Hello,

We noticed you're browsing in private or incognito mode.

To continue reading this article, please exit incognito mode or log in.

Not an Insider? Subscribe now for unlimited access to online articles.

  • The founders of Embodied Intelligence, Peter Chen, Pieter Abbeel, Rocky Duan, and Tianhao Zhang, examine a Universal Robots robot controlled using virtual reality and tele-operation.
  • Embodied Intelligence
  • Intelligent Machines

    These AI Hotshots Plan to Reboot Manufacturing by Jumping Inside Robots

    The startup Embodied Intelligence is developing smart manufacturing robots that learn from human workers through virtual reality.

    Robots are taking over a growing number of manufacturing chores, but they remain relatively clumsy and slow to program.

    A startup called Embodied Intelligence plans to change that with robots that learn through observation, experimentation, and repetition. And they will be trained by human tele-operators wearing virtual-reality goggles.

    If the startup can achieve some of what it aims to, it could have a huge impact on manufacturing and perhaps other industries. New approaches that make robots more adroit and quicker to learn would shake up the way work is done.

    Embodied Intelligence was founded by Pieter Abbeel, a professor at UC Berkeley, along with several of his star students. Abbeel is an expert in machine learning, and he has done some groundbreaking work training robots to do difficult tasks through practice and experimentation (see “Innovators Under 35: Pieter Abbeel” and “10 Breakthrough Technologies 2017: Reinforcement Learning”) 

    Sign up for The Download
    What's important in technology and innovation, delivered to you every day.
    Manage your newsletter preferences

    “The goal is to bring the cutting-edge research to robotics and manufacturing,” Abbeel says. He says the techniques his company is developing will enable robots to do a range of things that are currently too time-consuming to be programmed in.

    This will include picking complex shapes out of bins, assembling electronic components, and manipulating deformable objects such as wires, cables, or fabrics—skills that could translate well to advanced manufacturing settings.

    The company will use several newer machine-learning methods, including deep reinforcement learning, deep imitation learning, and few-shot learning. Each approach tries to mimic the capabilities that still set humans apart from machines when it comes to learning.

    But while Abbeel and his cofounders are doing impressive work on machine-learning algorithms, he says that what will really help teach robots new skills more quickly is the use of tele-operation and virtual reality.

    “You can put on a VR headset and immerse yourself inside the robot,” Abbeel says. “The human is doing all the control and thinking, and you get very, very clean data collection. The things we’re interested in cannot be done with existing automation—they are just completely out of scope.”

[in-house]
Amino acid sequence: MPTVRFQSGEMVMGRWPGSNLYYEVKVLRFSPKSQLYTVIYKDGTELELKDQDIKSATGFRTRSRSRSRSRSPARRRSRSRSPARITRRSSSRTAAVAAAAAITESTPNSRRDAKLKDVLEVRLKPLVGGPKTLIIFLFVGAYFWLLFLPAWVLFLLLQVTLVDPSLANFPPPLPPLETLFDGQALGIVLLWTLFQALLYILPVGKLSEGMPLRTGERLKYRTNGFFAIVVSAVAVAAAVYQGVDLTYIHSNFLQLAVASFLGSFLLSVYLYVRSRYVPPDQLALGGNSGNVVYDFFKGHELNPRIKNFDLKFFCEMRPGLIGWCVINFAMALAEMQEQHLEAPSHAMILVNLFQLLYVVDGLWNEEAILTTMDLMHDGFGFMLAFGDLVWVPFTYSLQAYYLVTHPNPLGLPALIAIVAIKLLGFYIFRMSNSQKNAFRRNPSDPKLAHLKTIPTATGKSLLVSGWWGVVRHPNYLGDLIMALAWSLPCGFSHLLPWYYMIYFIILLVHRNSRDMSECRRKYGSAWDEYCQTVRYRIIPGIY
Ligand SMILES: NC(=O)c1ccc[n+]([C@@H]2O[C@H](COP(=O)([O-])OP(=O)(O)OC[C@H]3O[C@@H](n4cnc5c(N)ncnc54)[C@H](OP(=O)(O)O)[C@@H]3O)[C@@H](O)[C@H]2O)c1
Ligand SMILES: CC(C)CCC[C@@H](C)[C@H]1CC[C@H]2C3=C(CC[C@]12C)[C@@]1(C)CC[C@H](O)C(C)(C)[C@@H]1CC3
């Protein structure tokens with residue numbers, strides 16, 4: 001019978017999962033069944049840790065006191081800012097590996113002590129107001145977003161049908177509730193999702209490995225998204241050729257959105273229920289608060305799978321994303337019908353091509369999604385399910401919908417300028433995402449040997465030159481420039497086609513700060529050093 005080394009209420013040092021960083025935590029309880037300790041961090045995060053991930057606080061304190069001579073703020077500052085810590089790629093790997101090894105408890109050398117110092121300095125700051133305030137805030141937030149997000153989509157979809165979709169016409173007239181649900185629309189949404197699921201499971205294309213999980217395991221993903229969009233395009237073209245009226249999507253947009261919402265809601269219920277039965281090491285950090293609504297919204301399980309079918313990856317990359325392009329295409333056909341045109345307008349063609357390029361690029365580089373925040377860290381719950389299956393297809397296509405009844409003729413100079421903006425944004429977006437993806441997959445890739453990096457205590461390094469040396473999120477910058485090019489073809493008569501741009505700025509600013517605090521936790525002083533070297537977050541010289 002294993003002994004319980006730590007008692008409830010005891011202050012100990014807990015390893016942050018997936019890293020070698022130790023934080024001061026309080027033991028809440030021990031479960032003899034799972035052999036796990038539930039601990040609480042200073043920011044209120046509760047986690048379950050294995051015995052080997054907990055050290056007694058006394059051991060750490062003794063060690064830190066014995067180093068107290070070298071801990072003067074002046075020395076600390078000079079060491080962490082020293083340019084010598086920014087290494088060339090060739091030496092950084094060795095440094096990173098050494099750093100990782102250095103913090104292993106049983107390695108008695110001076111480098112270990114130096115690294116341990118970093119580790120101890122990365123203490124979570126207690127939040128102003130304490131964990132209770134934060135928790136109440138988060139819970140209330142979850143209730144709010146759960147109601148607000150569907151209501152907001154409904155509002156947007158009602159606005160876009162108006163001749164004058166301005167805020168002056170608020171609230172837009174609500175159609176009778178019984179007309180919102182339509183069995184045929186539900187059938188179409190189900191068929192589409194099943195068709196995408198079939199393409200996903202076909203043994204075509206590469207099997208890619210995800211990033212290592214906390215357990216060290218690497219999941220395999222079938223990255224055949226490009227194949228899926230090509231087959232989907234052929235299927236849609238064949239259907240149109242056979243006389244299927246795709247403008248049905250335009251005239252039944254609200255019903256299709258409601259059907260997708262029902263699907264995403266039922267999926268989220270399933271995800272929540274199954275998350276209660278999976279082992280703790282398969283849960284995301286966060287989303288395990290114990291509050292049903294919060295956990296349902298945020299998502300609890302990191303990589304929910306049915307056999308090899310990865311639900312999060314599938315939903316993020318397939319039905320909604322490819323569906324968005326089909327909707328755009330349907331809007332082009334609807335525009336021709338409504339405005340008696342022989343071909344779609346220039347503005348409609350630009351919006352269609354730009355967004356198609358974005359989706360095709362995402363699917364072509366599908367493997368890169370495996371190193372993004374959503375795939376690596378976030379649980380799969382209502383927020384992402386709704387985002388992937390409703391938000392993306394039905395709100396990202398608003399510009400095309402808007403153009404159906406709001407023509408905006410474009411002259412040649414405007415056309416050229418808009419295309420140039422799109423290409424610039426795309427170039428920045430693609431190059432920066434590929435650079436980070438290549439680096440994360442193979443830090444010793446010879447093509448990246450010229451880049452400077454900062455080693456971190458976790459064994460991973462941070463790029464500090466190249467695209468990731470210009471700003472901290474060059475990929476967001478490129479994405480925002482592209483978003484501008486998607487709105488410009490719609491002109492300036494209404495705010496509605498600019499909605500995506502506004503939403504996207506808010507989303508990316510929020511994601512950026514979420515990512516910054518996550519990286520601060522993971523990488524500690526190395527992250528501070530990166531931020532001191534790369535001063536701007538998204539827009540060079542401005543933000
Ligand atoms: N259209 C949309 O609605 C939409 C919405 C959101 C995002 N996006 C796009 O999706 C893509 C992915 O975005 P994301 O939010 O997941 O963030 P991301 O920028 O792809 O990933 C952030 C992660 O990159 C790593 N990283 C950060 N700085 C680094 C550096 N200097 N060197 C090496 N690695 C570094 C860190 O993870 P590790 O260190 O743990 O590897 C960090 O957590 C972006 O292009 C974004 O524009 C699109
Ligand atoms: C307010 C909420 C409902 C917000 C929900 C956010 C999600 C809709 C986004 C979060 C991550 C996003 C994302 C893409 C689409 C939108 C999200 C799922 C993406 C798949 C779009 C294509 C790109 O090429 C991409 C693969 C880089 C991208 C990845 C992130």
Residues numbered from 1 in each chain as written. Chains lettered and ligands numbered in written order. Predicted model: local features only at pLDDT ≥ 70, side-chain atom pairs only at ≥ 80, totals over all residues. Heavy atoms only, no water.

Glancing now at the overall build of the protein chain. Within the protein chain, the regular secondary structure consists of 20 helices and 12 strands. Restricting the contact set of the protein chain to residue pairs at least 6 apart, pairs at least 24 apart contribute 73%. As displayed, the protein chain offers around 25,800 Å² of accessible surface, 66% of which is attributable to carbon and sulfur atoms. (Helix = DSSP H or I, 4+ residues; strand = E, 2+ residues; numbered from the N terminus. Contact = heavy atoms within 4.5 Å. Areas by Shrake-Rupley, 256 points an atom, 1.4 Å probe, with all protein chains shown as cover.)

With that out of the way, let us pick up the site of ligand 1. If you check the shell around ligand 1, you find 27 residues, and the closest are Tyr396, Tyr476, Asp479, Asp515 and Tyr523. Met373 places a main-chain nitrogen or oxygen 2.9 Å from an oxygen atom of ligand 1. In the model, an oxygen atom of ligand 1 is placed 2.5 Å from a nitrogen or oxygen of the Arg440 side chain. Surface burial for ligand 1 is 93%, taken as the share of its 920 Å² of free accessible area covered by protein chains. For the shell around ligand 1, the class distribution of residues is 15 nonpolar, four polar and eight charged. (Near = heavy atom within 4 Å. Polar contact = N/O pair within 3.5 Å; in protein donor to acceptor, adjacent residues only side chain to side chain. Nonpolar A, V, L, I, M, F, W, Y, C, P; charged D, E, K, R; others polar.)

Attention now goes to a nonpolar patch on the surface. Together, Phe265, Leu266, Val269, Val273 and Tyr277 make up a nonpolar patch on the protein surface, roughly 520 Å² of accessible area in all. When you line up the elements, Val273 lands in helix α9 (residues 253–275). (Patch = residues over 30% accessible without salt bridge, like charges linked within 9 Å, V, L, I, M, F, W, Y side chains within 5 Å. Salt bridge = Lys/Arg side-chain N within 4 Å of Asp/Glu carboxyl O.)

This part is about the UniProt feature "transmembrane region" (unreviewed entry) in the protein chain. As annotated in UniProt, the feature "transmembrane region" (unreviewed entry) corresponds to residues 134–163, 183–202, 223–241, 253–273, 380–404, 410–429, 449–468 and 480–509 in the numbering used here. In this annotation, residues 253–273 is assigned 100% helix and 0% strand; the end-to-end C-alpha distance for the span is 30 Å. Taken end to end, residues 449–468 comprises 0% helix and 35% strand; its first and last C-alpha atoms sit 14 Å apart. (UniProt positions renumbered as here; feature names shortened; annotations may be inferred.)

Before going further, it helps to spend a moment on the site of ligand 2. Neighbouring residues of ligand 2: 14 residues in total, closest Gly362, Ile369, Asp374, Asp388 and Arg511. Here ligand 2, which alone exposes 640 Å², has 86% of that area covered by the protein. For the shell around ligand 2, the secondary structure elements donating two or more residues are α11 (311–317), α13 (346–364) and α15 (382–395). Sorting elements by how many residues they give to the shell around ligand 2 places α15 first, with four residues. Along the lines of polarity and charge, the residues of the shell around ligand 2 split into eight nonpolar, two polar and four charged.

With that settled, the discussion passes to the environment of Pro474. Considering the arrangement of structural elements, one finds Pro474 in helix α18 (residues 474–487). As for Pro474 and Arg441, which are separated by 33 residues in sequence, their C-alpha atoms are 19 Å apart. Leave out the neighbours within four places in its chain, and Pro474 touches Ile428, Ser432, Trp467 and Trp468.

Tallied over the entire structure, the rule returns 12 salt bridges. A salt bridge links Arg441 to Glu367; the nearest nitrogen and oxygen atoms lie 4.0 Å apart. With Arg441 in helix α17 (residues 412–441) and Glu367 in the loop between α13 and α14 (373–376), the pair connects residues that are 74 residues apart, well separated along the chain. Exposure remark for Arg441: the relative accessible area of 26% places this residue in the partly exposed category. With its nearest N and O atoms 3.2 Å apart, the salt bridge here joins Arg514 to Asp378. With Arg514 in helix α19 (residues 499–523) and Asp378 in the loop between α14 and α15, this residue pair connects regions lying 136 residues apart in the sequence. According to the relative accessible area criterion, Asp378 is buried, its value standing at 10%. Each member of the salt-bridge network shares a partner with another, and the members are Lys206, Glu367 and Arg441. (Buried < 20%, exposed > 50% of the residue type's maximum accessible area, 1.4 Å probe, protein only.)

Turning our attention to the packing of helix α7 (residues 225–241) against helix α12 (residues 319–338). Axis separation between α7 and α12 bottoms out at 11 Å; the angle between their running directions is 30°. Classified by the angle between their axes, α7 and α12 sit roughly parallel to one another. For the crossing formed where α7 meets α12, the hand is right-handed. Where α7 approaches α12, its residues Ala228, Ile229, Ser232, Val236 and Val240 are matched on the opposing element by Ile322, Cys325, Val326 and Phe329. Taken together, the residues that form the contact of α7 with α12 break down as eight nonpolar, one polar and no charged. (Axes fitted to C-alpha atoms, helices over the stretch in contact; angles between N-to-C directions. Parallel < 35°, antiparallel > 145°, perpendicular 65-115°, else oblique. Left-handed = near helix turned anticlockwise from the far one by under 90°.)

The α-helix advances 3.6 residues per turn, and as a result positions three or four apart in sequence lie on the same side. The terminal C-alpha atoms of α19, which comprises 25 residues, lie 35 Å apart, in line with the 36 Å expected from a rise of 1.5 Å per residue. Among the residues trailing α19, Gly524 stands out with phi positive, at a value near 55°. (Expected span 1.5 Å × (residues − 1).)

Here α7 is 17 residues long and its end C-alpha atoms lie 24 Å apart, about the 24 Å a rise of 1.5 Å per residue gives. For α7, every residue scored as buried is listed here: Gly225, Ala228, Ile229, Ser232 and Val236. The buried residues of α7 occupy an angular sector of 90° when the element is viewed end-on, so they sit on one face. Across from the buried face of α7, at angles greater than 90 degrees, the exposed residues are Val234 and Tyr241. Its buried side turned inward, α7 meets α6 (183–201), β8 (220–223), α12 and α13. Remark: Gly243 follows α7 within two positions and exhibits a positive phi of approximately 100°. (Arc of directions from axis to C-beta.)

The technique is catching on elsewhere as well. Researchers at Google DeepMind, for example, have begun exploring how virtual reality can enable robots to learn more efficiently. And a company called Kindred AI, based in Vancouver, Canada, and San Francisco, is already using tele-operated robots and reinforcement learning to do simple picking tasks for companies including the clothing maker Gap (see “How a Human-Machine Mind-Meld Could Make Robots Smarter”).

    Couldn't make it to Cambridge? We've brought EmTech MIT to you!

    Watch session videos

    Uh oh–you've read all of your free articles for this month.

    Insider Premium
    $179.95/yr US PRICE

    More from Intelligent Machines

    Artificial intelligence and robots are transforming how we work and live.

    Want more award-winning journalism? Subscribe and become an Insider.
    • Insider Plus {! insider.prices.plus !}* Best Value

      {! insider.display.menuOptionsLabel !}

      Everything included in Insider Basic, plus the digital magazine, extensive archive, ad-free web experience, and discounts to partner offerings and MIT Technology Review events.

      See details+

      What's Included

      Unlimited 24/7 access to MIT Technology Review’s website

      The Download: our daily newsletter of what's important in technology and innovation

      Bimonthly print magazine (6 issues per year)

      Bimonthly digital/PDF edition

      Access to the magazine PDF archive—thousands of articles going back to 1899 at your fingertips

      Special interest publications

      Discount to MIT Technology Review events

      Special discounts to select partner offerings

      Ad-free web experience

    • Insider Basic {! insider.prices.basic !}*

      {! insider.display.menuOptionsLabel !}

      Six issues of our award winning print magazine, unlimited online access plus The Download with the top tech stories delivered daily to your inbox.

      See details+

      What's Included

      Unlimited 24/7 access to MIT Technology Review’s website

      The Download: our daily newsletter of what's important in technology and innovation

      Bimonthly print magazine (6 issues per year)

    • Insider Online Only {! insider.prices.online !}*

      {! insider.display.menuOptionsLabel !}

      Unlimited online access including articles and video, plus The Download with the top tech stories delivered daily to your inbox.

      See details+

      What's Included

      Unlimited 24/7 access to MIT Technology Review’s website

      The Download: our daily newsletter of what's important in technology and innovation

    /
    You've read all of your free articles this month. This is your last free article this month. You've read of free articles this month. or  for unlimited online access.